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Book review: <i>Fragile Things</i> by Neil Gaiman

If this was a night out, it would be an invitation to a party full of people with better clothes and more interesting jobs than yours, who, after your initial awkwardness dissolves, turns out to be great fun and highly accepting, and even if you still can’t really figure out what you’re doing there you have some great fun, get high, and even start to suspect that in a different life you could be even cooler than they are.


A nice, minimalist, bi-colour thing with a green leaf over the white cover, plus some silver text consistent with his last book.

The plot

A bunch of short stories, a couple of poems and a little American Gods epilogue/novella to round it off.

The good

Well, it opens the book so I’ll put it in first: an introduction to each of the stories. As a concept, it’s exactly like most of the stories—verges on pretension, or at least self-indulgence and seems to give too much weight to Gaiman’s strengths as a writer... until you realise once again that Gaiman knows exactly how much weight his stories can support, and the faith he holds in them is even, if you’re in the mood, endearing. I cut my fiction teeth on short stories and introductions are a great idea—they contextualise the random and serve as a palate cleanser before each course. Yes, I know food metaphors suck, shut up.

I’m not sure how much he’d appreciate this observation, but one of Gaiman’s strongest talents is to work within constraints—of his chosen supernatural/mythic genres, yes, but even within the constraints of particular niches of those genres (let’s not forget that Gaiman got famous by turning a lacklustre pantheon of old comic book superheroes into a genre of his own). My favourite stories here are the first, “A Study In Emerald”, which is a combined Lovecraft/Sherlock Holmes story (and effing brilliant, I might add), and the story he wrote for a Matrix anthology before the film had even been released—immediately grasping the potential, if not the approach, which made the film fantastic.

There’s a lot of other good stuff here too, of course—the closing post-script for American Gods is great, and I really enjoyed a story where the Seasons (personified) meet to tell each other tales; one about a boy and his ghostly companion is also very evocative, and there are real scares for the keen—one or two “true” stories are amongst the creepiest of all.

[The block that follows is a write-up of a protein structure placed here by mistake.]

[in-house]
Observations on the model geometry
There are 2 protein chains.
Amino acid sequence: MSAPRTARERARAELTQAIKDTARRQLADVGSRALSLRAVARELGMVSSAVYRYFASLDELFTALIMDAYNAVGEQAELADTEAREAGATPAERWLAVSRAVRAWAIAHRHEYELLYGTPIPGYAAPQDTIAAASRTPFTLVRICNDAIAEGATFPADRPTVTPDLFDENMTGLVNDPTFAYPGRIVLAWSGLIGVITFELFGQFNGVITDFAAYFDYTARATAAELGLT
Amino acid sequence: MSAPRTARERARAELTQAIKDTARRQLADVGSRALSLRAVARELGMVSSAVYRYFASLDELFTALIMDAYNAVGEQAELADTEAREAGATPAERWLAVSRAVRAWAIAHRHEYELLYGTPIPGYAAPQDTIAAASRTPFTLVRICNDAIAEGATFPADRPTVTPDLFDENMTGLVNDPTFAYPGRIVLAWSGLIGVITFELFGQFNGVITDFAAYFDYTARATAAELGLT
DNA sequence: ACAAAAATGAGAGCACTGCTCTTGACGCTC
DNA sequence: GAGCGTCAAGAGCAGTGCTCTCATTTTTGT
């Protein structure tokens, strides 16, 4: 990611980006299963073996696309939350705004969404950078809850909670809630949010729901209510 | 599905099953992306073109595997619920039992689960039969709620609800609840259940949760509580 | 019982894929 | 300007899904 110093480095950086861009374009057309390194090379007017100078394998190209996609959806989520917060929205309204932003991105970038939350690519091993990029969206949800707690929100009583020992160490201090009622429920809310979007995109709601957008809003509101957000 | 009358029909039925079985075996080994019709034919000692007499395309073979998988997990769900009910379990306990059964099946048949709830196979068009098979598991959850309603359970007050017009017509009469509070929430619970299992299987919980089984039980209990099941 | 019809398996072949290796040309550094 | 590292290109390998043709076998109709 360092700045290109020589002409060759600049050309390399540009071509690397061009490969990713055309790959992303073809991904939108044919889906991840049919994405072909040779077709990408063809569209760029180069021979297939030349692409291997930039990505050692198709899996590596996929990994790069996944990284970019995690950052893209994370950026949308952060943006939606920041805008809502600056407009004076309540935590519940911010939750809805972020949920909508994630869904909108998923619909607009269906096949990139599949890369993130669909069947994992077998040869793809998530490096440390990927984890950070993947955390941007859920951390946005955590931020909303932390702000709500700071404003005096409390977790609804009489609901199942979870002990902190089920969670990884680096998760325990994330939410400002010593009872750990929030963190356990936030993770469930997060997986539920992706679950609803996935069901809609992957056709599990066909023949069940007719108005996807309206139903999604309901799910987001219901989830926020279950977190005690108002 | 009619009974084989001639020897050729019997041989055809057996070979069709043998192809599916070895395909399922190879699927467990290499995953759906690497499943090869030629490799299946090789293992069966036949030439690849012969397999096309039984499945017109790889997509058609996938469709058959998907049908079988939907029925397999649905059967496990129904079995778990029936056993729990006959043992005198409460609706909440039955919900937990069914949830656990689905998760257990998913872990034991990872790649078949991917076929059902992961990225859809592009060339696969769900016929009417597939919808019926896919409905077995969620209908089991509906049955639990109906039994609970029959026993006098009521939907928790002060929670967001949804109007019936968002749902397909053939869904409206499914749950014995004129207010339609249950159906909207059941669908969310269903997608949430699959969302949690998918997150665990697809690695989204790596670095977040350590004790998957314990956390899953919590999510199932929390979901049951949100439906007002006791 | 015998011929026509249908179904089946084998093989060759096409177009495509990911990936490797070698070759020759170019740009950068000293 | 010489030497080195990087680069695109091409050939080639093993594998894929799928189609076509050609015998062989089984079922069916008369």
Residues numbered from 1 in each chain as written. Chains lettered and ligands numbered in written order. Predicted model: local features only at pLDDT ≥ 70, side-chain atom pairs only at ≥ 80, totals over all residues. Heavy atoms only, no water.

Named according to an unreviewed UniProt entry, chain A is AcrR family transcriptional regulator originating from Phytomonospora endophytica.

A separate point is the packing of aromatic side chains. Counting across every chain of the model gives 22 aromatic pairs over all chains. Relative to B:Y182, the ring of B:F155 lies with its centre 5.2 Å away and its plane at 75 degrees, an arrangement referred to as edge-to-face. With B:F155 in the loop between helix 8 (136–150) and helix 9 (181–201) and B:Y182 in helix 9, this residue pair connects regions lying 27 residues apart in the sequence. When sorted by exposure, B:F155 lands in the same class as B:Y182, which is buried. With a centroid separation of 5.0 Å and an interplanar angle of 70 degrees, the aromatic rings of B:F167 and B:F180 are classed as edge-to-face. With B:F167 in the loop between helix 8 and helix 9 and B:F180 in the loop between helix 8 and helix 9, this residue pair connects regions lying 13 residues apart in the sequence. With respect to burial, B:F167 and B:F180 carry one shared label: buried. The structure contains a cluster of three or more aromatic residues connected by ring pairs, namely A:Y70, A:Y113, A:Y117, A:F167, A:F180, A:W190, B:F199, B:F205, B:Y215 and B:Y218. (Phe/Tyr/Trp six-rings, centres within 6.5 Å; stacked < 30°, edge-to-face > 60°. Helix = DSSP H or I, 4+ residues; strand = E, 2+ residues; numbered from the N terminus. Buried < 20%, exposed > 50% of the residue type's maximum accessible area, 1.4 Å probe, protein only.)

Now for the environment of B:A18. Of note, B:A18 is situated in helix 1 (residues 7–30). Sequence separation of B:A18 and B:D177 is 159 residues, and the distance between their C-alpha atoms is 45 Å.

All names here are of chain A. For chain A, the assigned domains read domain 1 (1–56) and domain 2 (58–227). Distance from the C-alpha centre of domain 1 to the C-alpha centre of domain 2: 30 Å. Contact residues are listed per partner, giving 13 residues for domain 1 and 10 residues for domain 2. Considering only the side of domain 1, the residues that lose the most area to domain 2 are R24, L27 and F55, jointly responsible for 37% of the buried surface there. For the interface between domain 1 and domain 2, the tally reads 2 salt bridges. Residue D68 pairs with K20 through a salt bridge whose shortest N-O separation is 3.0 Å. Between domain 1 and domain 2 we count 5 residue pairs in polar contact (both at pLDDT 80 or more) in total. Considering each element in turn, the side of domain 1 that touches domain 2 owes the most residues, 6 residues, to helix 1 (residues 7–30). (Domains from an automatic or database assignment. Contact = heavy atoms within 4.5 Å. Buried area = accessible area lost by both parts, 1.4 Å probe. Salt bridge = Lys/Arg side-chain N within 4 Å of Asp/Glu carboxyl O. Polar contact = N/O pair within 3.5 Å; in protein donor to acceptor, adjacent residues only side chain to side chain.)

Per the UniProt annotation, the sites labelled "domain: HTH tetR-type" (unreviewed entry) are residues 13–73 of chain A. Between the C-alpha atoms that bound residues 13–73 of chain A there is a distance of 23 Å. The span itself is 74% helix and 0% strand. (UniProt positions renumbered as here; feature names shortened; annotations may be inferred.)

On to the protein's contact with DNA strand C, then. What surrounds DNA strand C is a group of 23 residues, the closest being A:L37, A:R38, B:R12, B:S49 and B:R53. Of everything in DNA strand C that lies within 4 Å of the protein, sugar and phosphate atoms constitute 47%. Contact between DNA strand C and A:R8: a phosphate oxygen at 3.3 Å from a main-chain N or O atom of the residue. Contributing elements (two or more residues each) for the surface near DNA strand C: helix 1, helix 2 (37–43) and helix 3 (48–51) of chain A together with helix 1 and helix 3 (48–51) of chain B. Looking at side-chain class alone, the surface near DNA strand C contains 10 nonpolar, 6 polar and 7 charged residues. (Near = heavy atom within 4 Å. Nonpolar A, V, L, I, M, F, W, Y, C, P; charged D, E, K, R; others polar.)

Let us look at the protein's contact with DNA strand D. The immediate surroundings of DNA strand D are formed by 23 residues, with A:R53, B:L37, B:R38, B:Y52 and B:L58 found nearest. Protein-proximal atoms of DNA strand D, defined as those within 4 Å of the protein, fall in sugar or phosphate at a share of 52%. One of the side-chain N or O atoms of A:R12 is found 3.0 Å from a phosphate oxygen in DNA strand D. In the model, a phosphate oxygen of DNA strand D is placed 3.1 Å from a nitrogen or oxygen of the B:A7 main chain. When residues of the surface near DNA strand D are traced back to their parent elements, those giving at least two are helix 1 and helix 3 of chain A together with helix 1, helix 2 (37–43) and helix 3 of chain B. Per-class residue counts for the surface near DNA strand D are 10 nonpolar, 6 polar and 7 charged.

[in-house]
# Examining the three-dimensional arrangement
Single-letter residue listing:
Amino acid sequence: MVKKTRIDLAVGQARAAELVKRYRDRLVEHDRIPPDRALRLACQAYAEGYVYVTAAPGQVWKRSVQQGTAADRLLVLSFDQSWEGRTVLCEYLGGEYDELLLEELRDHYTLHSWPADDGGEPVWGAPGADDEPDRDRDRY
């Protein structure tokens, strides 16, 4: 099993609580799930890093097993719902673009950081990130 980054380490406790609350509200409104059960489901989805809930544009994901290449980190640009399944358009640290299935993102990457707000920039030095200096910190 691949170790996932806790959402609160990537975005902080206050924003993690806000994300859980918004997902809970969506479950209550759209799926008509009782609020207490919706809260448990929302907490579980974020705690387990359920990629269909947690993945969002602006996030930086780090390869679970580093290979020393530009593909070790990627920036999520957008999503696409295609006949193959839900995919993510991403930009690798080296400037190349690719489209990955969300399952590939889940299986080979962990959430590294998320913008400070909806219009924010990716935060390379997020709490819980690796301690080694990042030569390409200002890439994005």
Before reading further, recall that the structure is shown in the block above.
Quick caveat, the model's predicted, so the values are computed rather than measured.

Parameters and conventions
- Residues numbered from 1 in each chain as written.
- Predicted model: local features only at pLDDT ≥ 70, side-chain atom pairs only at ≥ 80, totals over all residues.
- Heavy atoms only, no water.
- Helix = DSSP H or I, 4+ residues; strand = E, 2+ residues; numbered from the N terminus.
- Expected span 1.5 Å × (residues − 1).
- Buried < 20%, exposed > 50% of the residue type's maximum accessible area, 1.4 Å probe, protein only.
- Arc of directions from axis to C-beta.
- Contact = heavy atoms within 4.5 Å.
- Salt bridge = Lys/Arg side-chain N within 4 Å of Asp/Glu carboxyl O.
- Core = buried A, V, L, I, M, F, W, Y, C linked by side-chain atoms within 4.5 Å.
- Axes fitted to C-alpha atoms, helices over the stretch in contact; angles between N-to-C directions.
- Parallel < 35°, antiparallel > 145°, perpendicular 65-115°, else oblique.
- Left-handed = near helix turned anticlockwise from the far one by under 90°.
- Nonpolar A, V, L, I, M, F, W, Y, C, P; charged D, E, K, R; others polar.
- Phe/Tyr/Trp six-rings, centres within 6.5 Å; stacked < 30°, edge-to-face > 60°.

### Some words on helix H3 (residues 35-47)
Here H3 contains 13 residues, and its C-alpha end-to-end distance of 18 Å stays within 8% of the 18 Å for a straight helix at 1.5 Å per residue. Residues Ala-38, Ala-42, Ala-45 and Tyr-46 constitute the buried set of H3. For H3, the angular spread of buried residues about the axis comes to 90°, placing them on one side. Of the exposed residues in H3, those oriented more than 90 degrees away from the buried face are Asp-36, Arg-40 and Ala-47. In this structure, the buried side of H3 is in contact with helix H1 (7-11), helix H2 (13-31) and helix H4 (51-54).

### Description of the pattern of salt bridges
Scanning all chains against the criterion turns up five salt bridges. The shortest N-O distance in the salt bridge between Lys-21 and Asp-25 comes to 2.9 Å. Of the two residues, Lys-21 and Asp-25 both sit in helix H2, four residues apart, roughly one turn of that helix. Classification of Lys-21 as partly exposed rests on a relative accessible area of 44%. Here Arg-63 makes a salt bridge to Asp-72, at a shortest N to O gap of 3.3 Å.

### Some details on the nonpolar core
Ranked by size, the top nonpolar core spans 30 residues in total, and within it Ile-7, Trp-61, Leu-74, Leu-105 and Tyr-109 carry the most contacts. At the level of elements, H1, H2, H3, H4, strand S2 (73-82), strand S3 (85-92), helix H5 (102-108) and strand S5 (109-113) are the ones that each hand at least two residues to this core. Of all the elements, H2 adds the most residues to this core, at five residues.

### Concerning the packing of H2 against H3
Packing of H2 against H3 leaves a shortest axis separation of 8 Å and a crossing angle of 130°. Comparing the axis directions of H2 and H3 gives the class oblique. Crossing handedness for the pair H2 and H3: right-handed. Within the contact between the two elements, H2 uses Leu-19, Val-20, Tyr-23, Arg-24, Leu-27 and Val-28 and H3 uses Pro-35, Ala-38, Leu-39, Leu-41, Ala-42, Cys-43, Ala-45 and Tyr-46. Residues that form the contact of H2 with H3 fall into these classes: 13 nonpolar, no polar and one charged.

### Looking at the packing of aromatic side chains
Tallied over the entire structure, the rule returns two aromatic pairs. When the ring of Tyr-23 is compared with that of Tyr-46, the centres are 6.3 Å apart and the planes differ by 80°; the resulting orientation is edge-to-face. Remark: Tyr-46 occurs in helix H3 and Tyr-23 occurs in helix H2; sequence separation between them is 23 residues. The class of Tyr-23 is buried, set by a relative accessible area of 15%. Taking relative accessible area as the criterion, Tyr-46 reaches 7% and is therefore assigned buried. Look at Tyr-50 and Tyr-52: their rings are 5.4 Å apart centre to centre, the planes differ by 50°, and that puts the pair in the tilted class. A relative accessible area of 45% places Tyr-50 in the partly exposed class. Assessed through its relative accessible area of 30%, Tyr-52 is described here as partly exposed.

If you know and love Gaiman’s prose, this is unmissable—I think I enjoyed it more than Smoke & Mirrors (his last shorts collection)—but even to the newcomer there’s a lot to like here.

The bad

Well, inevitably, the faint note of pretension rings behind many of these. It’s not even the right word, exactly, but it’s close. I think the problem is that Gaiman is still not always quite confident enough to let the reader draw themselves into his web, and instead tries to entice them inside with a little too much affected panache. It is when he is at his most effortless that he is best, evoking Douglas Adams and Wodehouse, but when he shows off most noticeably he can be as twee and indulgent as Pratchett or any goth comic book.

Fortunately, the former case outweighs the latter significantly. There are a few dubious poems and a particularly wank-tastic collection of character-sketchy paragraphs intended to accompany a Tori Amos CD.

If this works for you, you’ll forgive him, because his style can be quite sublime—he’s either a natural, or he works a lot harder than he lets on, and either way it’s always worth a read, no matter how initially off-putting he can occasionally be.

What I learnt

That individual story intros should be mandatory for these collections.

In short

Title: Fragile Things
Author: Neil Gaiman
Publisher: William Morrow
ISBN: 0060515228
Year published: 2006
Pages: 400
Genre(s): Short stories

This review was written by Tom Vaughan. Tom has his own website, which contains many other reviews and strips and art and other fun stuff here.

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